Alexis is an AAT qualified bookkeeper and has a huge amount of experience in startups and small business. She has three companies of her own spanning product, service and technology so not only does she add value to her clients but is extremely passionate about supporting other business owners to grow theirs.
So, you’re a qualified bookkeeper and lover of all things finance and business related – but can you explain to someone just starting out what the difference is between a bookkeeper and an accountant, and which one they need? Absolutely!
Ok so everyone thinks of an Accountant as being the person who deals with all the legal side of finance, essentially keeping HMRC and Companies House at bay and that’s true, to a point. Many people don’t realise that the accuracy of the information submitted about your company is always the responsibility of the business owner, not the Accountant. So just appointing an Accountant doesn’t mean everything is passed over to them to deal with. This is where a Bookkeeper can be incredibly useful. A Bookkeeper is the person that processes everything financial that happens in a business. All invoices, bills, bank transactions and payroll can be dealt with by a Bookkeeper. By engaging with a Bookkeeper you would see accurate accounts and reporting every month (or week, day if you wanted to!) which helps make business decisions and correct errors like paying twice for a bill by mistake! Then by engaging with an Accountant, they can cross the T’s and dot the I’s at year end and provide tax saving and expert advice to really help grow your business. Sometimes an Accountancy firm will do both the Bookkeeper role and the Accountant role but it’s worth checking what service you get if they do both.
Getting your finances in order can be really scary for a new freelancer – what’s the one piece of advice you would give to someone starting out.
Don’t put it off! That’s what makes it scary. Nobody from HMRC is going to knock on your door with a black book to throw at you. It really is just making sure you understand your responsibilities and complying. The Government wants you to do well, its freelancers and small businesses that boost the economy so it’s not in their interest to close you down but they don’t want you taking the mick either. Educate yourself on what you need to do early on and make a diary note of key dates. When you first start out, you have a long time before your first set of accounts or self assessment needs to be submitted but if you leave it all until the last minute, it can be a mammoth task.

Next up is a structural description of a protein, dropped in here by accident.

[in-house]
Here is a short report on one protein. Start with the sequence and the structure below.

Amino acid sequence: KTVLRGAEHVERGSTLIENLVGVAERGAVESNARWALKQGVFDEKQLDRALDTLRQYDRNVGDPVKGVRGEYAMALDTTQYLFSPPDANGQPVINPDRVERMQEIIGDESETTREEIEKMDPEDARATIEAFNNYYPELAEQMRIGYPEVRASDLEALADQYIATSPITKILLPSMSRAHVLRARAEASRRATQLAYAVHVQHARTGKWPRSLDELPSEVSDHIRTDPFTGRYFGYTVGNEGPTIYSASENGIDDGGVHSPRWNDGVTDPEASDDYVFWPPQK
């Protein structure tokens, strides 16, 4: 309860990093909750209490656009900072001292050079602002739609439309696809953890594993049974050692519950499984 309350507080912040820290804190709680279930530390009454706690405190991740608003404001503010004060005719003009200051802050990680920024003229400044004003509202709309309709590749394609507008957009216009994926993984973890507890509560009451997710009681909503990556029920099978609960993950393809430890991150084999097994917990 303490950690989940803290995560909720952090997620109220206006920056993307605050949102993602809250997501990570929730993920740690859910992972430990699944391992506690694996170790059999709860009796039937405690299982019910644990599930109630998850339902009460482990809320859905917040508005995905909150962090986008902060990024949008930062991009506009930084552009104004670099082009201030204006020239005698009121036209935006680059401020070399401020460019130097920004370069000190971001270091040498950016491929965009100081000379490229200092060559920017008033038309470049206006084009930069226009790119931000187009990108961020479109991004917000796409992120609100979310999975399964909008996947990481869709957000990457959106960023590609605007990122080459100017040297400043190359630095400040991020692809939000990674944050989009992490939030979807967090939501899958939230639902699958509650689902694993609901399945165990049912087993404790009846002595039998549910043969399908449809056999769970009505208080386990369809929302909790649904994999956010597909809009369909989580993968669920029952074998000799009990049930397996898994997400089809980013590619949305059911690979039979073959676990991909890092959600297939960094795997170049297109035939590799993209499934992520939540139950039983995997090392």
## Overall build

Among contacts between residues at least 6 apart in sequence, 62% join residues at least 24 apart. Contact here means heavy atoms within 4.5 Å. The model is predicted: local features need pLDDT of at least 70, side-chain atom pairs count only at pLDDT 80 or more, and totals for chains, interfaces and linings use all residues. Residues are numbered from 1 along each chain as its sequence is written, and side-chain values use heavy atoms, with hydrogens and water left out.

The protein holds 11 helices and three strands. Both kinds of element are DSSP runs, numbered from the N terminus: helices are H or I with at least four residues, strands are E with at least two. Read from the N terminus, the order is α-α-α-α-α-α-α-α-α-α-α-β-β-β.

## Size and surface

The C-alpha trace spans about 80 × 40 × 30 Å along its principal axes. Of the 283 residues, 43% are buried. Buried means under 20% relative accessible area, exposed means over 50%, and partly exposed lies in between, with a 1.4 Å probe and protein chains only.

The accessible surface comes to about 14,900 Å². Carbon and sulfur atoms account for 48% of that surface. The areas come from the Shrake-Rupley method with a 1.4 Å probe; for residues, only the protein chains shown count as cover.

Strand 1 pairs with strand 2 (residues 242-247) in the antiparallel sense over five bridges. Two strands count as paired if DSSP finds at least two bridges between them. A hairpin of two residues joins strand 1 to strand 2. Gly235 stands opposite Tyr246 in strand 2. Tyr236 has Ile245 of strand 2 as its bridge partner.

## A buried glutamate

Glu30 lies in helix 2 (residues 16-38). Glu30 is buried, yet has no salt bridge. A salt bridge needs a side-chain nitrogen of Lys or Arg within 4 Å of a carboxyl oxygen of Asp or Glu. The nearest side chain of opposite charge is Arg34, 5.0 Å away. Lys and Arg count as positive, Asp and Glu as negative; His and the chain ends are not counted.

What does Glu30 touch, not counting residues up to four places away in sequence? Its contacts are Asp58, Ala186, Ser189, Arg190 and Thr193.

Running a business takes up loads of time and people want to focus on the bit they can do best, and a lot of the time this isn’t the finances. What would you say to people to help them when they’ve left everything a bit late or got themselves behind/in a muddle.
Don’t panic, it just means you might need to pull a few late nights to get it done but as a start up, you know all about pulling a late night anyway! First of all, get everything out, every paper receipt you have scrumpled in a drawer, empty out the handbag and clear the car dashboard (plumbers and electricians, I’m looking at you). If you keep everything on email then that’s great, if you’ve filed them. If not, create a folder in your inbox and move everything into there. Once you have everything in one place, it’ll be easier to deal with. Depending on what your business structure is, pull up the submission (companies accounts/self assessment) and go through it one step at a time. If all else fails and panic takes over, find a good Bookkeeper to pull it all together for you!!
The questions we’re asking everyone – what finance related advice would you give to yourself if you could rewind to when you started your first business?
I would’ve used accounting software from the beginning. I, like many others, used spreadsheets in my very first year and whilst they’re free (everyone loves a freebie when they’re starting!), I do not have the reporting facility to use the data to make comparisons on more recent years. It would’ve been great to see how much the business had grown since the early days too. Keeping your bookkeeping and accounts up to date isn’t always about admin time and subscription fees, it is really about using the data to help grow your business, which all business owners who love their industry, essentially wants to do.
And finally, any more finance and bookkeeping advice you want to share with our lovely community?
Always reach out to someone if you’re finding it daunting. Many of my clients come to me when they’ve missed multiple deadlines and the situation has caused them so much stress and anxiety. I wish they’d come to me sooner so that the energy they’ve used worrying could’ve been put to much more valuable use, like reaching more customers or adding to their value proposition.